During World War I, Gaston Breitling introduced a piece of technology to pilots; they needed an easy-to-use timer that freed up their hands for takeoff. Pocket watches were in vogue at the time, but their fobs and chains were cumbersome for the chaos of the cockpit. Breitling’s innovative solution: the world’s first wrist-worn chronograph with a push piece separate to the crown.
Willy Breitling took the helm of the brand his grandfather had founded in 1932; then, in 1938 he established the Huit Aviation Department. “Fully aware of the strict requirements for military and civil aviation, its name—the French word for ’eight’—…reflected the eight-day power reserve offered by many dashboard clocks and other chronometric instruments, including wrist chronographs, which the department was developing for professional aviators,” according to Breitling’s history. In addition to power reserves and readability, “these onboard chronographs were distinguished by their lightweight cases. The Huit products immediately attracted the attention of military aviators and, as World War II loomed, the Huit Aviation Department received a large order for chronographs from the Royal Air Force.”
As Europe was plunged into darkness, the Nazis surrounded Switzerland and blocked the exportation of products, especially items that could be used in the war effort. This included Breitling timepieces. Willy Breitling and a group of friends drove to a field near the Breitling plant and set up a makeshift runway using their car headlights. The airplanes were loaded with the timepieces and took off—all without the knowledge of the local Nazi officers. To provide himself with an alibi during these midnight raids, Willy would go home via a local bar and make himself conspicuous. This occasionally put him in the drunk tank, but the watches and dashboard devices ended up in Allied hands.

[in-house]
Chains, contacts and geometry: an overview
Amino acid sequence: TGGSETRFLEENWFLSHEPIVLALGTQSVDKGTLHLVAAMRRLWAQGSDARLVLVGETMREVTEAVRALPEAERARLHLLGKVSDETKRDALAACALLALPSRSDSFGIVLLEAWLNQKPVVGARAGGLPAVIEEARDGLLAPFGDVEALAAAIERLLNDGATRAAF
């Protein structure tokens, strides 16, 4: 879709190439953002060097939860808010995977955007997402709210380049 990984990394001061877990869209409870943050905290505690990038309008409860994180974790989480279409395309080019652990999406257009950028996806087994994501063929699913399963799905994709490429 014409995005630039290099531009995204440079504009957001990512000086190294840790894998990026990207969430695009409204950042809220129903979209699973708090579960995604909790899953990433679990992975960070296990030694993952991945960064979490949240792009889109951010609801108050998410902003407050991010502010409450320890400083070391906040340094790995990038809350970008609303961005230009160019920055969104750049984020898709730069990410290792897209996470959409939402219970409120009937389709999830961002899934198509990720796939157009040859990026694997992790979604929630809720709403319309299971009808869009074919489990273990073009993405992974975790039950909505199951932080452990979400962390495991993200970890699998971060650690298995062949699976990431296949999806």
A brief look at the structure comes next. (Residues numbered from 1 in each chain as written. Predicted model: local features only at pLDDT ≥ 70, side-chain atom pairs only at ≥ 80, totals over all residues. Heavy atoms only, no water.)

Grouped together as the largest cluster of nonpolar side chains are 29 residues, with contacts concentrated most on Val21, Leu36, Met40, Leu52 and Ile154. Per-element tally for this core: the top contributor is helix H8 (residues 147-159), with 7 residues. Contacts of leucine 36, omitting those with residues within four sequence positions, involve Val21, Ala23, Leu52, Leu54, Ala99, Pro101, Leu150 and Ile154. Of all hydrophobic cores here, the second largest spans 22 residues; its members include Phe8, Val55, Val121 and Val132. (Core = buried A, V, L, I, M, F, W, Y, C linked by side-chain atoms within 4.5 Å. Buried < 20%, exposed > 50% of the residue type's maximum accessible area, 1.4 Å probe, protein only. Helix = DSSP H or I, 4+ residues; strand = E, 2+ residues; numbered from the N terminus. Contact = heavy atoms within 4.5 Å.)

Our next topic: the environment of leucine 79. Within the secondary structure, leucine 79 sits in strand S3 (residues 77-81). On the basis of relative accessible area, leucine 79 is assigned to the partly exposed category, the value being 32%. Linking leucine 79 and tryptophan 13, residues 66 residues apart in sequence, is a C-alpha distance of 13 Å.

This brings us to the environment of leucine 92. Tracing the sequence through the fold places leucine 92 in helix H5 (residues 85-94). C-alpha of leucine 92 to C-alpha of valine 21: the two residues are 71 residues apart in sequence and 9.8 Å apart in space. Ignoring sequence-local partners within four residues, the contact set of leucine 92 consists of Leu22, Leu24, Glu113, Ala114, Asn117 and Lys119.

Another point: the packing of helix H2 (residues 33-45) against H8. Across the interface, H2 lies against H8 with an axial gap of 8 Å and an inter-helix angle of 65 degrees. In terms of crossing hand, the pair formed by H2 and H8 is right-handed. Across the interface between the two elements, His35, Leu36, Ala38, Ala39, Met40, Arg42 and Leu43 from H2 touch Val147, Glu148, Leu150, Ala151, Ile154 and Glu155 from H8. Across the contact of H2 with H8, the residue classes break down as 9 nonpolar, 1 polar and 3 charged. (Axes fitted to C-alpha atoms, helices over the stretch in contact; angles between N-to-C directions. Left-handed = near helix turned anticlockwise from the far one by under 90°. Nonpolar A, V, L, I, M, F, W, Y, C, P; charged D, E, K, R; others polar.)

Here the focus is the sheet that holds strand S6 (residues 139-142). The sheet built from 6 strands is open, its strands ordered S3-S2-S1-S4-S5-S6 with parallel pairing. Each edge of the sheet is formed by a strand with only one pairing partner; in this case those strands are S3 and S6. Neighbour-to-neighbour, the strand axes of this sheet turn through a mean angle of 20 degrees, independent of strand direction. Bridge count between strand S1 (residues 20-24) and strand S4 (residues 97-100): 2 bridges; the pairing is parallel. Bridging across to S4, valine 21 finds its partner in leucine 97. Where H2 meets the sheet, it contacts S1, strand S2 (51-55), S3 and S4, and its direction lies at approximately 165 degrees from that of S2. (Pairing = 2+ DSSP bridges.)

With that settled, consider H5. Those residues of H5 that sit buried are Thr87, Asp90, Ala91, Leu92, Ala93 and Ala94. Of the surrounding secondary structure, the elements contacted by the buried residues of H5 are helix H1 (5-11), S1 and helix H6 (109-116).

Because of its founders’ passion for aviation, Breitling has been a longstanding contributor to the flying world. From its reliable and precise watch designs, its evolution from watch fobs to wrist-worn, and its love of the excitement of aviation in its sponsorship of exciting world events like its French jet team performances, the Breitling Orbiter (the first balloon to circumnavigate the globe), and more, Breitling has long celebrated aviation.
This year, Breitling introduced its Aviation Pioneers Squad. It is made up of three individuals who represent different aviation disciplines but who all define a new age of adventure in the air. Scott Kelly spent a year of his life looking down at the Earth from the International Space Station; Spanish Air Force Commandant Rocío González Torres has logged more than 1,000 hours of flight time in an F–18 fighter jet and is a role model for girls and young women determined to conquer the skies; and Luke Bannister excels in a new aviation discipline—he won his first World Drone Championship at the age of 15 and has been on a winning course ever since.
“No watch brand in the world has a more impressive and enduring link to aviation than Breitling. All three of the members of the Breitling Aviation Pioneers Squad define an incredible new age of adventure in the air,” said Breitling CEO Georges Kern. “Breitling celebrates the collective spirit of those united in pursuit of their mission. Fueled by camaraderie and driven by purpose, we accomplish more together than we could alone. The Aviation Pioneers Squad launches the new Breitling Avenger collection, which reinforces the unparalleled pioneering status that Breitling has as the world’s leading maker of aviation-related and pilot’s watches.”
Breitling is now an AOPA Premier Partner. The AOPA-Breitling partnership spans more than 65 years; in 1954 AOPA selected the Breitling Navitimer as the official watch of AOPA.
This article in part includes excerpts from the Breitling historic collection.